Federal Minister for Finance & Revenue Shaukat Tarin addressing a press conference. Image Credit: APP

Islamabad: Many Pakistanis have expressed worries about serious inflation after the federal cabinet approved a supplementary budget that plans to end exemptions on sales tax to raise Rs343 billion.

The supplementary finance bill, known as the mini-budget, will end tax exemptions on nearly 150 items, introduce a uniform 17 per cent General Sales Tax (GST) on goods, levy new duties, to raise Rs 343billion ($1.92 billion) in revenue.

Highlights of the Bill
• 5% tax on laptops
• 17% sales tax on mobile phones above $200
• 17%t tax on branded dairy products such as cream, butter and cheese.
• Increase tax on imported 1800cc electric vehicles to 12.5%
• Increasing the sales tax on 850cc - 1,000cc vehicles from 12.5 to 17%
• Fresh 17% taxes on imported solar panels.
• Taxes on crude oil exempted

The move was taken as part of measures required for the revival of $6 billion International Monetary Fund (IMF) programme. It is also crucial for Pakistan’s economy, which is struggling with current account deficits, depreciating currency and dwindling foreign reserves.

New taxes mostly on luxury imported items

Pakistan’s Finance Minister Shaukat Tarin said the apprehensions about inflation were unwarranted as around Rs 272 billion taxes were refundable or adjustable while the rest Rs 70 billion tax exemptions have largely been withdrawn from luxury items.

“We are not putting extra burden on poor as only Rs 2 billion tax exemptions have been proposed on the items used by the common man that would not cause inflation,” he said. Tarin said negotiated this against the IMF’s demand of removing 700 billion rupees of exemptions. Pakistan’s opposition members severely criticized the move and chanted anti-government slogans when the bill was presented in the National Assembly on Thursday. The parliament will debate and vote on the bill in the coming days.

Phones, computers and solar panels to be taxed

The bill proposes taxes on imported machinery, auto sector and also food items. The government proposed 17 per cent GST on mobile phones (valued above US$200), solar panels, poultry sector machines, imported raw materials for infant food, and pharmaceutical raw materials, 5 per cent GST on laptops and 12.5 per cent on electric vehicles. Most of these were earlier taxed from 0 to 14 per cent. Locally manufactured laptops and personal computers will remain exempted from tax.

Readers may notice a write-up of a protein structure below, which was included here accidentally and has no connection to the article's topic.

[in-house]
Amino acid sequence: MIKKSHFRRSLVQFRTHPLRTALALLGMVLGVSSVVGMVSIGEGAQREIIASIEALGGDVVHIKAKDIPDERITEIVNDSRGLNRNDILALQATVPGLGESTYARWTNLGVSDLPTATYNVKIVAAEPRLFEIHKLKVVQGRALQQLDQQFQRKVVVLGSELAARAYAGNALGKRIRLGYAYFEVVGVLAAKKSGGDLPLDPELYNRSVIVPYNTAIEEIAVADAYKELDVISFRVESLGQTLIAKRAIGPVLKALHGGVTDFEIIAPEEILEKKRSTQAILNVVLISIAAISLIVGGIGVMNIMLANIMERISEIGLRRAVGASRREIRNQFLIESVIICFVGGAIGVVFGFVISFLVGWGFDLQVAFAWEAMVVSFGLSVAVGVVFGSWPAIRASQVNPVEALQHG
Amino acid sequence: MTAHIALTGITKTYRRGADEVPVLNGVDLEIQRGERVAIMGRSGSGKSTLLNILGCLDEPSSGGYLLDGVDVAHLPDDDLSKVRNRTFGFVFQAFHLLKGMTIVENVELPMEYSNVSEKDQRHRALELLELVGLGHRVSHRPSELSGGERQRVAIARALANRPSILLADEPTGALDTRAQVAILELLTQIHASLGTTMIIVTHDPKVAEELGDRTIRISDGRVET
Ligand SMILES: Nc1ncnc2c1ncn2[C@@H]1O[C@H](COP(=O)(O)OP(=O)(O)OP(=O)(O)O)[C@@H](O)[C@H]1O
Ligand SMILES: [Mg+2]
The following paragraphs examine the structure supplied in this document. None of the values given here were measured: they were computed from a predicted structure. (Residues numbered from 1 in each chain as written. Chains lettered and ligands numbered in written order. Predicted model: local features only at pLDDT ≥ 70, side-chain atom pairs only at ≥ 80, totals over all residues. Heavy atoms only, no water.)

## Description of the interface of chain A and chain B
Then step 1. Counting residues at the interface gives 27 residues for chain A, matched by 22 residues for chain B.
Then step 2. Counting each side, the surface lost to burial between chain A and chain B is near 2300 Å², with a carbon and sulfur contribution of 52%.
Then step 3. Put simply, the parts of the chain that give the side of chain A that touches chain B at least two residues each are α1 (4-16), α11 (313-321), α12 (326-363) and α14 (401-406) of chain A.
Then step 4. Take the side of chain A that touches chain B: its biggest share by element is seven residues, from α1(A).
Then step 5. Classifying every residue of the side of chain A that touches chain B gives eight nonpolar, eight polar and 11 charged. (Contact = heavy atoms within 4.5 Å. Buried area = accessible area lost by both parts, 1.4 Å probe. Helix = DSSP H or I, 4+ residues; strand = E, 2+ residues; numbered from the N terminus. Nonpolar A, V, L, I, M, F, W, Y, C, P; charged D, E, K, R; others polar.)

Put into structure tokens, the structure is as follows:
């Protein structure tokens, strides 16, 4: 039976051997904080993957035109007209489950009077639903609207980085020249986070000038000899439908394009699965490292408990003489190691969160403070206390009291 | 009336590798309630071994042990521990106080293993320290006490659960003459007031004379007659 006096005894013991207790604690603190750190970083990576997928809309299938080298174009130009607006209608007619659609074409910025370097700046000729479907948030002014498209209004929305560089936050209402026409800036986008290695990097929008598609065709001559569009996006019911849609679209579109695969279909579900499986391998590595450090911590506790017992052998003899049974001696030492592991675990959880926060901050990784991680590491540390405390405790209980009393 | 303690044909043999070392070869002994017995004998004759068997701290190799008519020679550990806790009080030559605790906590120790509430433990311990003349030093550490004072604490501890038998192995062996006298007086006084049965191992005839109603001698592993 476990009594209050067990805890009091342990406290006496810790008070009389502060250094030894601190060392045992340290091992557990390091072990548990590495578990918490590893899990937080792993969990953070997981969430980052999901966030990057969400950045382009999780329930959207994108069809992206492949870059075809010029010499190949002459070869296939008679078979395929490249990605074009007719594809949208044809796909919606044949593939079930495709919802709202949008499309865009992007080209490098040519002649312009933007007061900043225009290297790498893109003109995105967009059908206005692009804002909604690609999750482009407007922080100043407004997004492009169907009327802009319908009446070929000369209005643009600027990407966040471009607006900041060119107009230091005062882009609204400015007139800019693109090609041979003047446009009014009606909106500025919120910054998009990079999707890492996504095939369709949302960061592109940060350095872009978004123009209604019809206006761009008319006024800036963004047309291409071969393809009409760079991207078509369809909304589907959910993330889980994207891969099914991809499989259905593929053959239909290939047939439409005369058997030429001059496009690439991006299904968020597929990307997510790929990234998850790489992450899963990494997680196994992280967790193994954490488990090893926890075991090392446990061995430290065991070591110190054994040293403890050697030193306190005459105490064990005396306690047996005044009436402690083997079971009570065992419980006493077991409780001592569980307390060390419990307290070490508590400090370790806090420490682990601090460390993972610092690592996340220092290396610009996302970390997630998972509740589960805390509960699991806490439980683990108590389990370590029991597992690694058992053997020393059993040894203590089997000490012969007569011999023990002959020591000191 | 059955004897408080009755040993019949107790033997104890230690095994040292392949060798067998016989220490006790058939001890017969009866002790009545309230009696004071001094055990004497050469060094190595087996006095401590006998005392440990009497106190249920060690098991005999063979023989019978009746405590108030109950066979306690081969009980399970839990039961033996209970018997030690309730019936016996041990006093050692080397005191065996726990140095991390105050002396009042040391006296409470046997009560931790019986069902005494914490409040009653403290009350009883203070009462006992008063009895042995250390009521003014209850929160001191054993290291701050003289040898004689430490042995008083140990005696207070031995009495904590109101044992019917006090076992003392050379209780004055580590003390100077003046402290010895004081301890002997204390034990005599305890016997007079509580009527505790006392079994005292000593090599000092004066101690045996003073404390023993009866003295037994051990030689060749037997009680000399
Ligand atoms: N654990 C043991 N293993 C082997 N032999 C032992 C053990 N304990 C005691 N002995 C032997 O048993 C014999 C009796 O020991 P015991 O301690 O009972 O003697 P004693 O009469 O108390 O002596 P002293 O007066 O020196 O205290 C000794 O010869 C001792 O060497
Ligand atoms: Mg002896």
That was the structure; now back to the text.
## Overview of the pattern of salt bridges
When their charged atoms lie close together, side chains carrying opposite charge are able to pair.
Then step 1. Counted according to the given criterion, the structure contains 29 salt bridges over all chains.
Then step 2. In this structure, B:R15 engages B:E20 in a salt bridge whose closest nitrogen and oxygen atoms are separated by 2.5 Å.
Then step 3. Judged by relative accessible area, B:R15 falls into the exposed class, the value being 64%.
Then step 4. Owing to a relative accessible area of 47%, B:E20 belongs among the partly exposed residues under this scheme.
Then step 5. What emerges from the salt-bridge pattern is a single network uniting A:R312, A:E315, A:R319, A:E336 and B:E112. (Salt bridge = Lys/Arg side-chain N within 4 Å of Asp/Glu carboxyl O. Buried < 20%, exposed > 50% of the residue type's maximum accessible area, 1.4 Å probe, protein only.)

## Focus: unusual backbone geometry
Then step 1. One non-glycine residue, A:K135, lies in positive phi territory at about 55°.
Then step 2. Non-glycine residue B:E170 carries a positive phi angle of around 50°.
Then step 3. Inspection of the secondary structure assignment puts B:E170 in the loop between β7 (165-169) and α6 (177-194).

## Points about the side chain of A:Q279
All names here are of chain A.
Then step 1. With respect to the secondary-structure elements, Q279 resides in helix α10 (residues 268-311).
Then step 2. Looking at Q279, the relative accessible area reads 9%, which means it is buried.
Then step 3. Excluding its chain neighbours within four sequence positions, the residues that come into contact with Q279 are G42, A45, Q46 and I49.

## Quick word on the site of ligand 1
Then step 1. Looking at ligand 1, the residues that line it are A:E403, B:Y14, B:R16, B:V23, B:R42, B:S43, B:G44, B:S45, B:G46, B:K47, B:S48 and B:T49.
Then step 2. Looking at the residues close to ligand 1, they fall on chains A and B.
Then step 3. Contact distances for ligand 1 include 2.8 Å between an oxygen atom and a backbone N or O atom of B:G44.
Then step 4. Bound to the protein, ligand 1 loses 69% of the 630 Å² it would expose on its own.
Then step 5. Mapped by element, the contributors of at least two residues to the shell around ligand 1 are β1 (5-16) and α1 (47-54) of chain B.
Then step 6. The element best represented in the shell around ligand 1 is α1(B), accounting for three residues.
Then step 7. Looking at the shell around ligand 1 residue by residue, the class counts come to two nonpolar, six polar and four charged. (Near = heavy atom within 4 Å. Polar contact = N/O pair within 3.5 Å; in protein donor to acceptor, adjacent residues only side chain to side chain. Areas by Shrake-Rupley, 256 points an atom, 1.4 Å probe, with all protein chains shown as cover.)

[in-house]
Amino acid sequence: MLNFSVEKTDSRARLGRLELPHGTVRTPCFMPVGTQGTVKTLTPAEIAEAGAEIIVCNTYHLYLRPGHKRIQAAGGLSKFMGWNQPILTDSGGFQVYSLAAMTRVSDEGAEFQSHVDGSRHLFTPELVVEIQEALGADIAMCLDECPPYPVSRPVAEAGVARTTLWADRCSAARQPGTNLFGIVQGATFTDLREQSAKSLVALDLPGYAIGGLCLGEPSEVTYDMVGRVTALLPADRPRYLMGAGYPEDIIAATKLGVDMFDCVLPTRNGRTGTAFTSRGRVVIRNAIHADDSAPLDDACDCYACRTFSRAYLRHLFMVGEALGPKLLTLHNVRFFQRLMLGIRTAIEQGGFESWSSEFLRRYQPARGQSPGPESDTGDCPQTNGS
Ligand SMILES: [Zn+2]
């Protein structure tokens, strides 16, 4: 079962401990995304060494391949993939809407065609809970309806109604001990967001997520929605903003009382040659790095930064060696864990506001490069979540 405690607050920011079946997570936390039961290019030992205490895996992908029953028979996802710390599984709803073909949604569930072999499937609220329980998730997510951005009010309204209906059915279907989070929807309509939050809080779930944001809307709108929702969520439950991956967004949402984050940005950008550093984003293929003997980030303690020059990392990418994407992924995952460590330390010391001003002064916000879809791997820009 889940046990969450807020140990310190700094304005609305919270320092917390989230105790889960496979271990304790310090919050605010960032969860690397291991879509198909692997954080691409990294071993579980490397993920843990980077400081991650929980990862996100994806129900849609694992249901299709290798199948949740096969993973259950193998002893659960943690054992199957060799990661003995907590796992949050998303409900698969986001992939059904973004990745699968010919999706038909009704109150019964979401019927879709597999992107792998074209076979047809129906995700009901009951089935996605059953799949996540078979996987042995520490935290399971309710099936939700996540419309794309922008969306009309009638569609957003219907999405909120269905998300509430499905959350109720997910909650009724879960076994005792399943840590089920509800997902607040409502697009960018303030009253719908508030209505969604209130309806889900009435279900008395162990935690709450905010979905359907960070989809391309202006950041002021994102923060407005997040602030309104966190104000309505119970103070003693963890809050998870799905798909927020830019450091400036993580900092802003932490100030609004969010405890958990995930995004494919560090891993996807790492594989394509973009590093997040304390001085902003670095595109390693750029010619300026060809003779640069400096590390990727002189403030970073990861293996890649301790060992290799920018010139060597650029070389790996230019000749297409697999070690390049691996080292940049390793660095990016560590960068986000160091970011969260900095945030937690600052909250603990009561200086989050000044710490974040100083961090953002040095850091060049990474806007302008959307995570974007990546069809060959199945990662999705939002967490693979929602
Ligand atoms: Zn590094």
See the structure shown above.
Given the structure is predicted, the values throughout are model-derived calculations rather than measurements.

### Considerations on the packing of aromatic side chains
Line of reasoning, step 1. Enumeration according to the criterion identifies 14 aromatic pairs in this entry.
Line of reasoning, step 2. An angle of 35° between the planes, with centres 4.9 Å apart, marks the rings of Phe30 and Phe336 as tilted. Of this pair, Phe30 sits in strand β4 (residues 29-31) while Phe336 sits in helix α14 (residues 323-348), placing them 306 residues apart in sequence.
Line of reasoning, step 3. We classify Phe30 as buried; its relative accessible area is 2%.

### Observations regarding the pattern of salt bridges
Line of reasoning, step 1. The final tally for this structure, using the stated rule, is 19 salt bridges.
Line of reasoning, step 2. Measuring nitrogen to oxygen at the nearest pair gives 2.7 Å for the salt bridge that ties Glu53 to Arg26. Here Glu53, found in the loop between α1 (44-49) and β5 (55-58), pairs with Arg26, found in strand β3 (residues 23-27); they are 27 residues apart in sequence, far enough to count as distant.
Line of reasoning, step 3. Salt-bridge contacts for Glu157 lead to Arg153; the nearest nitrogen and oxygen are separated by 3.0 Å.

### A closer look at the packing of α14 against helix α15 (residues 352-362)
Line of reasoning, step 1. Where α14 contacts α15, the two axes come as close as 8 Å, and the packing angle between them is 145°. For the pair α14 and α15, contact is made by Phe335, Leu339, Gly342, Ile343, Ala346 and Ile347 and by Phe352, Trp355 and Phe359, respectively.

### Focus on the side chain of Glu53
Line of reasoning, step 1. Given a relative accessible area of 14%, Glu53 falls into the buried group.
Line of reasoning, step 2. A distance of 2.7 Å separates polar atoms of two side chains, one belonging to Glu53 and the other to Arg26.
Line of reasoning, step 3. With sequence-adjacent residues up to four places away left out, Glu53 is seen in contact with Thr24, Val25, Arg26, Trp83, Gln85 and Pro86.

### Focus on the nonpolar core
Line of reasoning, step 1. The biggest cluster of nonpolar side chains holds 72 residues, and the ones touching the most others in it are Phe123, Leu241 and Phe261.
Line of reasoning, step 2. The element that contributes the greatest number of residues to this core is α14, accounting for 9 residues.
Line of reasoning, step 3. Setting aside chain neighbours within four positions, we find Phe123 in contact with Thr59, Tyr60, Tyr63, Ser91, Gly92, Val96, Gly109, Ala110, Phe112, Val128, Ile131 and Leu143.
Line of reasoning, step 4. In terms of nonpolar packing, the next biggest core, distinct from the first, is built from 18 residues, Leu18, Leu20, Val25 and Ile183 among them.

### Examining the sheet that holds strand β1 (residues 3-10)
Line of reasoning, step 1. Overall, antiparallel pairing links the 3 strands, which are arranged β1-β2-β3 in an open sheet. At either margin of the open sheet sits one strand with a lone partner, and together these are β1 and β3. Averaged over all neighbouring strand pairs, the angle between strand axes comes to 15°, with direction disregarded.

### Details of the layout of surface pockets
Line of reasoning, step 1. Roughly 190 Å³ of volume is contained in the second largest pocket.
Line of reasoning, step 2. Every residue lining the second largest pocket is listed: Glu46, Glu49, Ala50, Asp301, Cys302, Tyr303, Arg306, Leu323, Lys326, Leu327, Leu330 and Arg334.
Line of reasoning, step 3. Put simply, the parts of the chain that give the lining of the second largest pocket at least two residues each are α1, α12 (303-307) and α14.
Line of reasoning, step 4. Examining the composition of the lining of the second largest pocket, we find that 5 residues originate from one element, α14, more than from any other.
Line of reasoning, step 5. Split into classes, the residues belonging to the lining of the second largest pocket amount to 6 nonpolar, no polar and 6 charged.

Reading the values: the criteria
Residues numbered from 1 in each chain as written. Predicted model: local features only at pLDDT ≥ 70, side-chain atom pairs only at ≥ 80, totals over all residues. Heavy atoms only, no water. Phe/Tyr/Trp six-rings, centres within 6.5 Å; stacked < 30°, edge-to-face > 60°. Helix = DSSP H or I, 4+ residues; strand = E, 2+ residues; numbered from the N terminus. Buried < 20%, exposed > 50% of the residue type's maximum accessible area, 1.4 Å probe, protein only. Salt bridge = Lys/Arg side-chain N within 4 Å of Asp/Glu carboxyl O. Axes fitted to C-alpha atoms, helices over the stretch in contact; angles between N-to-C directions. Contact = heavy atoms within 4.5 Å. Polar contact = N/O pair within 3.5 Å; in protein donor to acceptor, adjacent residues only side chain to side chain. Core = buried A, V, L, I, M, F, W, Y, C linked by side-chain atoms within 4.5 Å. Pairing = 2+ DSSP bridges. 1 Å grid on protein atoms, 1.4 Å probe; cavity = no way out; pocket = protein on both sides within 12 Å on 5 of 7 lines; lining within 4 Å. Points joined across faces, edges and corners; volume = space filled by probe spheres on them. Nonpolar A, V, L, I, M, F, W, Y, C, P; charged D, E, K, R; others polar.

The bill proposed withdrawal of sales tax exemption for hybrid maize, sunflower, cotton amongst other seeds. “The 17 per cent sales tax on seeds will seriously affect Pakistani farmers already reeling from the rising cost of inputs and the supply chain disruptions,” Aamer Hayat Bhandara, Pakpattan-based young farmer, told Gulf News.

“The new taxes on maize seed will deter farmers from adopting quality seeds which will adversely impact crop yields.” Pakistan has remained a net importer of seeds.

Economists have warned about inflationary pressures in the coming days. “This bill is a bitter pill that needs to be swallowed as our economy is not in a shape to function without the IMF program temporarily,” said Asif Arsalan H. Soomro, an economic analyst and senior advisor to Swedish asset manager Tundra Fonder AB.

“The impact of higher taxes or end of exemptions would be inflationary for next couple of months but if the rupee stabilizes or appreciates marginally, this inflation can be brought under control.”

When asked was there another option for the government to improve the economic situation, he said: “The longer route would have been to expand the tax base and include services sector, reduce losses in power and other big sectors, increase penalties for non-filers, add fair taxes to real estate gains, agriculture gains and more duties on luxury imports other than food items. But that’s the long and tough path” that no government wants to take.